Death and taxes

How will Labour respond to the coalition’s VAT rise?

Two things in life are inevitable, said Benjamin Franklin, death and taxes. The Conservatives campaigned against "Labour's death tax" and against "Labour's jobs tax". But Labour left it to the Lib Dems to campaign against the Tory VAT tax bombshell.

So how will Labour characterise the VAT rise that will bring an end to the New Year sales? They've got a little time to work it out, but it's likely that "death" will play a central role, as the tax rise is felt by everyone and Labour argues that the change is going to kill the recovery.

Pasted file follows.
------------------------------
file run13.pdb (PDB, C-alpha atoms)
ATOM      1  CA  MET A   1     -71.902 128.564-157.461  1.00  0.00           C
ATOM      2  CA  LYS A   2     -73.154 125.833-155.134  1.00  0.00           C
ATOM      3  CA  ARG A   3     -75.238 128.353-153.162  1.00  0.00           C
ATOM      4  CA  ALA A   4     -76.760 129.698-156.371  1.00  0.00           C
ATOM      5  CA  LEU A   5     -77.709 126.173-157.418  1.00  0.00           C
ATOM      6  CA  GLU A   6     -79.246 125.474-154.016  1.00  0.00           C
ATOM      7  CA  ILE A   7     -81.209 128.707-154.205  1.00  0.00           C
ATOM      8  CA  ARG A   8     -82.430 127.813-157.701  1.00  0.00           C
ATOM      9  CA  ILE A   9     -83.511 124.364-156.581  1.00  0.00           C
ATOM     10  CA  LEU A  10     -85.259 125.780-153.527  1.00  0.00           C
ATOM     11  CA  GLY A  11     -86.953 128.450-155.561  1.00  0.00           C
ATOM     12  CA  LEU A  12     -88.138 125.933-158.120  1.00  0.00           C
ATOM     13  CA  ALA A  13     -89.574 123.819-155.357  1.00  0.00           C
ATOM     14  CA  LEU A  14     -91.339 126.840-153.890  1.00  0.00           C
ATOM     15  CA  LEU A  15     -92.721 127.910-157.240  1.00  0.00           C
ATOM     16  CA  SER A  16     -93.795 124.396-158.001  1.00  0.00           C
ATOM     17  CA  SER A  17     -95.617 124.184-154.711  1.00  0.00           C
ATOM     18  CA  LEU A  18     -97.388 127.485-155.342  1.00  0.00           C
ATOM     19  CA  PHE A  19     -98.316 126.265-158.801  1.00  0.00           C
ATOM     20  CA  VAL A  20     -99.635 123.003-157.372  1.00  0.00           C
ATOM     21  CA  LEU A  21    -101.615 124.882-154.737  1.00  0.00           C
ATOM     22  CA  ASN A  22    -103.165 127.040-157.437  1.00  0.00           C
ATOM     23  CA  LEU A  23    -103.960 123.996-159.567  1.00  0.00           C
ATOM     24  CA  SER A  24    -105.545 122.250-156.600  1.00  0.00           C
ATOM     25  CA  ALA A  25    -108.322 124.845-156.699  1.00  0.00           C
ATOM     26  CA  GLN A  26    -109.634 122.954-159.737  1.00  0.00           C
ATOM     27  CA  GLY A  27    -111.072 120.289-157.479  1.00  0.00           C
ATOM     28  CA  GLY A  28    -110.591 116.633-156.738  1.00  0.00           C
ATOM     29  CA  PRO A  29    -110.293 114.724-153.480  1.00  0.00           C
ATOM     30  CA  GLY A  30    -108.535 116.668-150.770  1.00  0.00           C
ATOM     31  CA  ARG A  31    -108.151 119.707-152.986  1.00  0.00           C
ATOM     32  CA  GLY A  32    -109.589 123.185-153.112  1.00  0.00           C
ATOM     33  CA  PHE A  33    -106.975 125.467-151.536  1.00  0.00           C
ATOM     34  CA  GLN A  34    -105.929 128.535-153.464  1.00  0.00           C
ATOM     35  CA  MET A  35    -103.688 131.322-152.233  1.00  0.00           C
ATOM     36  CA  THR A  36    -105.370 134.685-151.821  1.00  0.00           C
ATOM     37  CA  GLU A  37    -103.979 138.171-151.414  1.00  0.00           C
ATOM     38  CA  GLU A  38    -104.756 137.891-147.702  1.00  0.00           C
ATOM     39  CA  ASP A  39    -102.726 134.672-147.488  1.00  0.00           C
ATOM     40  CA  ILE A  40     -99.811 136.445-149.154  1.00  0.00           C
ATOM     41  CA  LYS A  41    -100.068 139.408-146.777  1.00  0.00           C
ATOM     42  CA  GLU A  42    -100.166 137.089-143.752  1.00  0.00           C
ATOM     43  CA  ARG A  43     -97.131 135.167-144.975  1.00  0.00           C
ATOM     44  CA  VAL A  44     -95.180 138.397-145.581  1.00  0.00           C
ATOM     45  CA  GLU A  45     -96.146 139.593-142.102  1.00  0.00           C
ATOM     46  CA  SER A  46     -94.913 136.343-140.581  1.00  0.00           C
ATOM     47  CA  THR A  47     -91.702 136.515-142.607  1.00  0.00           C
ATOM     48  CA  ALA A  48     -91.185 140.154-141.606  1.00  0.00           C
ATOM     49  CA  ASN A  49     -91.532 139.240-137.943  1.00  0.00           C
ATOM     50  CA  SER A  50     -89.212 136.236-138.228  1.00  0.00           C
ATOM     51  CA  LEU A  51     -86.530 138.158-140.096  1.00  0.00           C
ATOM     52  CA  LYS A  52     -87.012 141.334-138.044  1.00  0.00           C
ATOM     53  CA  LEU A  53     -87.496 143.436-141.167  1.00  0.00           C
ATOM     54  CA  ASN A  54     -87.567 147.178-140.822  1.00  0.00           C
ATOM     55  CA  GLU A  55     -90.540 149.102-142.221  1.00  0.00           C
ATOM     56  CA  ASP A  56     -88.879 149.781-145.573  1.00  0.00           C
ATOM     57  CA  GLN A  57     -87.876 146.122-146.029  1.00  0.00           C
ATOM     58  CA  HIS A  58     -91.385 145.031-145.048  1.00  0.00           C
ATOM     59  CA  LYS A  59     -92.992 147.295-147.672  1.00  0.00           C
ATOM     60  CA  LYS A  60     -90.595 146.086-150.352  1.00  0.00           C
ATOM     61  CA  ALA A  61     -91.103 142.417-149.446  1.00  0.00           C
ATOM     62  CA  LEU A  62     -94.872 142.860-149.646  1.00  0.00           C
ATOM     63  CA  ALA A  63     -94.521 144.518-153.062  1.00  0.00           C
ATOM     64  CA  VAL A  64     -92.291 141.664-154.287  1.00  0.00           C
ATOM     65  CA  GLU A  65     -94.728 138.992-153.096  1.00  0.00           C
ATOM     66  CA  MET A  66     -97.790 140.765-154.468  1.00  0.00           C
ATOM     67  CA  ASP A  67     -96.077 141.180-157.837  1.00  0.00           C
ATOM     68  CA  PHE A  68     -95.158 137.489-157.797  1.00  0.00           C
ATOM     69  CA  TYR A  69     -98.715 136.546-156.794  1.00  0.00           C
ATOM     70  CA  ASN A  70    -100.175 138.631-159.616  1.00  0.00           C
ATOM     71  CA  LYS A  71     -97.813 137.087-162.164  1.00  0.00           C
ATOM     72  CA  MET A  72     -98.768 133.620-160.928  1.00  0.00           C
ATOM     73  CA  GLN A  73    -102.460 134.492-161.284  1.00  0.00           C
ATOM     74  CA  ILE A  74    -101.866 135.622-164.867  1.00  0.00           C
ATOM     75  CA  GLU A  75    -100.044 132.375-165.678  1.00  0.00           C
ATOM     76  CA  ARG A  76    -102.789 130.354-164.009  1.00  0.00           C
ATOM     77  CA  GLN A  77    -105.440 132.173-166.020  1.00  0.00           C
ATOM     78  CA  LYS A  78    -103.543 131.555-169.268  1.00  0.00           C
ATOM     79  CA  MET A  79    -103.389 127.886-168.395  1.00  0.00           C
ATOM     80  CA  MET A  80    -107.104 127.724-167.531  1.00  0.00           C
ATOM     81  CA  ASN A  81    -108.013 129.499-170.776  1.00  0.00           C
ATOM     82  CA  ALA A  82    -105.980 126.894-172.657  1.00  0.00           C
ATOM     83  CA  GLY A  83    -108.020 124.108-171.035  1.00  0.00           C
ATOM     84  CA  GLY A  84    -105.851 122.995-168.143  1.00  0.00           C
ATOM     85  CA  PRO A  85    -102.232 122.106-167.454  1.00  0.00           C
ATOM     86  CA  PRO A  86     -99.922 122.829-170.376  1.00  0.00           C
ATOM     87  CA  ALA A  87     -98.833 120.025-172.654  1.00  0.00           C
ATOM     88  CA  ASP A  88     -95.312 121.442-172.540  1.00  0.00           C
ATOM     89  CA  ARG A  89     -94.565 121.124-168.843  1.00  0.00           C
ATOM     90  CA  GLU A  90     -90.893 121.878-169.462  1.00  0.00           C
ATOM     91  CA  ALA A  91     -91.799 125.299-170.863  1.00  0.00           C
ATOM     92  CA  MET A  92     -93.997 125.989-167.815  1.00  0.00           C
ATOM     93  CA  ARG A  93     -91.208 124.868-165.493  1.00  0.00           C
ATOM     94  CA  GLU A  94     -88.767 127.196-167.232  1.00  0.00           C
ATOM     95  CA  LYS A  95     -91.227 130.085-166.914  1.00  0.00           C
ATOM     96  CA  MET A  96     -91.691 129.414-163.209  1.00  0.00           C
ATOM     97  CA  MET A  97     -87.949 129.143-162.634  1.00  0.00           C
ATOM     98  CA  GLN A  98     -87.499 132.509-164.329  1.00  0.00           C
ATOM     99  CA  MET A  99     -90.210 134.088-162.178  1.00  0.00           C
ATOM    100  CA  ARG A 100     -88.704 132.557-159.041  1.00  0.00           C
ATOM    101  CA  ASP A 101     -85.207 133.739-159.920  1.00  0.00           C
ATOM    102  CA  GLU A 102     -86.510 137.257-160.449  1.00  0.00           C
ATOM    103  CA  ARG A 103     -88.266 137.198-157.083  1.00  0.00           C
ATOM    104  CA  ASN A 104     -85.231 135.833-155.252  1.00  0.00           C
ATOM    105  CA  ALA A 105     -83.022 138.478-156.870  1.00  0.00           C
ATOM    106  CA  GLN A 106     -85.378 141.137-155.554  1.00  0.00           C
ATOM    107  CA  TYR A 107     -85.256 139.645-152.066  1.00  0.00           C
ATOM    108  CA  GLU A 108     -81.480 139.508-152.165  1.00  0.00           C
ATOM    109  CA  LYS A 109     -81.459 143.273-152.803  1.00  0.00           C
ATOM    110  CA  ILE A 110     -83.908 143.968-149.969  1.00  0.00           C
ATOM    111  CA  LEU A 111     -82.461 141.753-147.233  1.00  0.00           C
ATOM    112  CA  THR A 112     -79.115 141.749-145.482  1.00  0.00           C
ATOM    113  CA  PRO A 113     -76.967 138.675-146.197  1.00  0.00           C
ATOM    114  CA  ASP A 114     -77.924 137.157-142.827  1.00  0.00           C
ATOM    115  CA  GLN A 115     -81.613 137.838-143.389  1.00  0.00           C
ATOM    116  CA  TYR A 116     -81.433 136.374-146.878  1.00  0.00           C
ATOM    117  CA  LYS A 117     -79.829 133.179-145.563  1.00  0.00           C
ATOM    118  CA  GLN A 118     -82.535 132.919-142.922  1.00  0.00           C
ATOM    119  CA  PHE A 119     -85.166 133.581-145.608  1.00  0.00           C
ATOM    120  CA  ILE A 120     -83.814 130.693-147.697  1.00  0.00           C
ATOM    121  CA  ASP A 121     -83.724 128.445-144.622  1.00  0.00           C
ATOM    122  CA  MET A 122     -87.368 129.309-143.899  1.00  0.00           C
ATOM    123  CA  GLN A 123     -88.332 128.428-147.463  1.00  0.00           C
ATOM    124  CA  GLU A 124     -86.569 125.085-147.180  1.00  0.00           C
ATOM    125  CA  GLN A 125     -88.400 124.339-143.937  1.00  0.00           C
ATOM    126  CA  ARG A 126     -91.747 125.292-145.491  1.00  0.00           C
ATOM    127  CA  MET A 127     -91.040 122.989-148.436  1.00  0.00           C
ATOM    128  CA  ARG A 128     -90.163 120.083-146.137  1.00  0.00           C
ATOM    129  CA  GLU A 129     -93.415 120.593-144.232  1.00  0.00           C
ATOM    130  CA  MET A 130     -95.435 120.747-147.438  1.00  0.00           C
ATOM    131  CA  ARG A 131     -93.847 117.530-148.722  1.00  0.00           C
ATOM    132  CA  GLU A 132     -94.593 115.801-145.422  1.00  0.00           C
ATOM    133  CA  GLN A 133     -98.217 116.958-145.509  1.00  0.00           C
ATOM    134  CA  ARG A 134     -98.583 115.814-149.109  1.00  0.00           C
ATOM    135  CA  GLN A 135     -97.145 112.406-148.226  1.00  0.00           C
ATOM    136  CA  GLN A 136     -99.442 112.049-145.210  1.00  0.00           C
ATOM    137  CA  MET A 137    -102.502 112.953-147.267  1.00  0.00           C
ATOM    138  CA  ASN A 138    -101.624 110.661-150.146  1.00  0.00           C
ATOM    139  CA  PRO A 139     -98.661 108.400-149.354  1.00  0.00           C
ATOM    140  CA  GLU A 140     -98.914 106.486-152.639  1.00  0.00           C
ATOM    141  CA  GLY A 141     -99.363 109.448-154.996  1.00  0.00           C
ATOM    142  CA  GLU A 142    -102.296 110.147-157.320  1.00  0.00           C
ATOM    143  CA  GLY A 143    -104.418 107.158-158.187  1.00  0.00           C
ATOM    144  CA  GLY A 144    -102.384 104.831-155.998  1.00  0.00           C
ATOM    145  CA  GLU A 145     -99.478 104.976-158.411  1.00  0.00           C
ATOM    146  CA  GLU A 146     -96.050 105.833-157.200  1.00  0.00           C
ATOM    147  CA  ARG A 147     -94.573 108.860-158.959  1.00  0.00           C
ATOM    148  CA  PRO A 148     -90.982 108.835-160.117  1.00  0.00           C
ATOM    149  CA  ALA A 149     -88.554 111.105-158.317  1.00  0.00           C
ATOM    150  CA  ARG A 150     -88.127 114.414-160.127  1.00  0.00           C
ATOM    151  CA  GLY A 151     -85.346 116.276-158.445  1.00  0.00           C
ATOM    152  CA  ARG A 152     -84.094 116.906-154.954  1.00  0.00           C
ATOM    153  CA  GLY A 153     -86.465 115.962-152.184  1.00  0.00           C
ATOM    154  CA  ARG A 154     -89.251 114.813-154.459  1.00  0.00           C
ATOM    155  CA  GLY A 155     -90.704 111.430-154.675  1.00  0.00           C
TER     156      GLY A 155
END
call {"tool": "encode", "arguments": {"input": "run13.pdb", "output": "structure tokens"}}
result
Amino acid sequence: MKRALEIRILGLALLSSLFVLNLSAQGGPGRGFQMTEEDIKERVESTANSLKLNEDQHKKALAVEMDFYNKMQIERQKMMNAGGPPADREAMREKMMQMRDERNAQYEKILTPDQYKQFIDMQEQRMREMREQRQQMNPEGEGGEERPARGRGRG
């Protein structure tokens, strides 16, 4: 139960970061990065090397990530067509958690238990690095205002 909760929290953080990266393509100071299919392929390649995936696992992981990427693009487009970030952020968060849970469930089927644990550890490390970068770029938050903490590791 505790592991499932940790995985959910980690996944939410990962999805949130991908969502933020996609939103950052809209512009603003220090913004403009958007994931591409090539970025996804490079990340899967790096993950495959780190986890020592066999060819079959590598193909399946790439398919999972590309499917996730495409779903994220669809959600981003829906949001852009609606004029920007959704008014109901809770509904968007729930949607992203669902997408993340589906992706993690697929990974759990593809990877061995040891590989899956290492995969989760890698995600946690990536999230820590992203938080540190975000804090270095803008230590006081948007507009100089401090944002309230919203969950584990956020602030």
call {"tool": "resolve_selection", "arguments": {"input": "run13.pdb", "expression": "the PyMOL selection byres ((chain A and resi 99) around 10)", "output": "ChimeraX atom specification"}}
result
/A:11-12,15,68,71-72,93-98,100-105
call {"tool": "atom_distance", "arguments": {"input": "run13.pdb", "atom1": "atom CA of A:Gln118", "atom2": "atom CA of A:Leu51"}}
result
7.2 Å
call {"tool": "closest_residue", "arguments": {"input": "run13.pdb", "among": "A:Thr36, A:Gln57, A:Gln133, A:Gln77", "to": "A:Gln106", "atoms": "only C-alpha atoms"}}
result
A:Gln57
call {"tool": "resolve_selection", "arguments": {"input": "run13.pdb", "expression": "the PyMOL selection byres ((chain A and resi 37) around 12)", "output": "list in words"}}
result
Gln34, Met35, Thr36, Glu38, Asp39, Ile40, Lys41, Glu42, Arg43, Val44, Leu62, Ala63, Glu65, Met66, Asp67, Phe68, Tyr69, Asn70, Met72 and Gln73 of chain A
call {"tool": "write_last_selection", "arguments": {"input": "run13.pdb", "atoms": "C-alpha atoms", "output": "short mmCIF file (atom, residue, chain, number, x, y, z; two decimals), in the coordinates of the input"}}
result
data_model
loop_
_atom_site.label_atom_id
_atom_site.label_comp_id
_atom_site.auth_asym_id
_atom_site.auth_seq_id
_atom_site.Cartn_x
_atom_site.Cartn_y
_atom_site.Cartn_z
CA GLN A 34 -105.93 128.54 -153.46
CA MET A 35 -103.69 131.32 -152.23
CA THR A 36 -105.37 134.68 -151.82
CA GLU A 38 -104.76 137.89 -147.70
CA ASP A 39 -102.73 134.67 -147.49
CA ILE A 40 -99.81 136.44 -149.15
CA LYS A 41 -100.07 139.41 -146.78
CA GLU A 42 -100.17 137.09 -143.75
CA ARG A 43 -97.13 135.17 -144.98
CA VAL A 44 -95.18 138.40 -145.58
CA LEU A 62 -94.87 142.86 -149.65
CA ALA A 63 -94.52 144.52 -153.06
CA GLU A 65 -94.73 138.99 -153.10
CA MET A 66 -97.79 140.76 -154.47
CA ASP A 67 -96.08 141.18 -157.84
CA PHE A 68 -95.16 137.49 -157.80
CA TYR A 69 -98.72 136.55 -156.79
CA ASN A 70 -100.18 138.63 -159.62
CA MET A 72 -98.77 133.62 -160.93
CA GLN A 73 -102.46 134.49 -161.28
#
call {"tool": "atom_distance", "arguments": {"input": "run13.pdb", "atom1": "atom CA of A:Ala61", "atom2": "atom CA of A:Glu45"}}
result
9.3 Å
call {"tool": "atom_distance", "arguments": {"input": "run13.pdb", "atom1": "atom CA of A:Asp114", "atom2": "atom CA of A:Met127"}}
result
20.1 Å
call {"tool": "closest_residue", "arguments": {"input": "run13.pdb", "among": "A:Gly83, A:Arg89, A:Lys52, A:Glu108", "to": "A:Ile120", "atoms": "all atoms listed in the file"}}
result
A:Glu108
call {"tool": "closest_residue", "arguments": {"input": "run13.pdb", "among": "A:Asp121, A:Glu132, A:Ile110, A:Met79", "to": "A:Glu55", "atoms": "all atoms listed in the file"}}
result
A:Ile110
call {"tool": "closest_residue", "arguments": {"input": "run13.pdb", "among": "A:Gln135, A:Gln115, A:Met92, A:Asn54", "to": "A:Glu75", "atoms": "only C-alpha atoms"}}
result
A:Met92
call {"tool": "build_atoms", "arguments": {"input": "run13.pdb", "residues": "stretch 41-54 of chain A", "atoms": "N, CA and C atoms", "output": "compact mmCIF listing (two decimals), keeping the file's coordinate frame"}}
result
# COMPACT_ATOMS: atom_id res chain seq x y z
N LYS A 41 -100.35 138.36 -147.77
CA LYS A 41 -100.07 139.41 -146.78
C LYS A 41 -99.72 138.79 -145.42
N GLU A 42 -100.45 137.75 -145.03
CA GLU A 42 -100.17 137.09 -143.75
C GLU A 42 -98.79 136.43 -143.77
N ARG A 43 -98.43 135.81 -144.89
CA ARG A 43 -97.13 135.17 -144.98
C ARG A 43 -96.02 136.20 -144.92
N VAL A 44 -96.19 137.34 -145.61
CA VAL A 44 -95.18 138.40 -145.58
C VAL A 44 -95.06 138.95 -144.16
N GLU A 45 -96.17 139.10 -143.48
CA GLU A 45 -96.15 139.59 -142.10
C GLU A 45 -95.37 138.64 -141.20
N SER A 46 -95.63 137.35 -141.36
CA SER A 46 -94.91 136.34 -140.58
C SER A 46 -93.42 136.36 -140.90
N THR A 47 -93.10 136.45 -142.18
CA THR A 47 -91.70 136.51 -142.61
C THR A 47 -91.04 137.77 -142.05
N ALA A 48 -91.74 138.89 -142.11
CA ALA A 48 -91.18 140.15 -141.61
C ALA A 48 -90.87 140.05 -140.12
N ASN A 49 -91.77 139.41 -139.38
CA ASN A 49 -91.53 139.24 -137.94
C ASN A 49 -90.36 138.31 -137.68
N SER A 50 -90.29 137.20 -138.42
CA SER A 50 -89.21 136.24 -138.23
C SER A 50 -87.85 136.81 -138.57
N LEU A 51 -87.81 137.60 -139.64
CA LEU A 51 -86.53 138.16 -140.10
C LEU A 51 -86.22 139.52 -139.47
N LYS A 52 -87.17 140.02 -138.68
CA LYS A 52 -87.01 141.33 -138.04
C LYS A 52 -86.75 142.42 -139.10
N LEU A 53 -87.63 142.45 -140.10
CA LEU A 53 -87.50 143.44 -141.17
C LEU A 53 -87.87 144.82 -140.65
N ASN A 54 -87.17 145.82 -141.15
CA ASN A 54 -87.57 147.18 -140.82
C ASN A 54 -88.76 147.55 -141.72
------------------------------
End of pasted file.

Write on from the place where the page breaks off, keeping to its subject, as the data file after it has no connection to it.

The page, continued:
Ed Balls has a video on his website where he basically says, "I told you so." Last week he urged people to sign up to his campaign to stop the VAT tax rise -- a clever way to capture contact details for party members that he perhaps copied from Ed Miliband's campaign for a living wage and David Miliband's Movement for Change.

Apparently Balls argued that Labour should rule out a VAT increase before the last election, another argument he lost with Gordon Brown and Alistair Darling, who didn't want to box themselves in. Balls has certainly made the most of it and, positioning himself well as an active and effective opponent of the coalition.

But if Balls didn't wanted to rule out a VAT increase, which taxes did he want a Labour government to raise? The official Labour position is that the deficit should be cut using a 2:1 ratio of spending cuts and tax rises -- that's 67 per cent cuts and 33 per cent tax rises.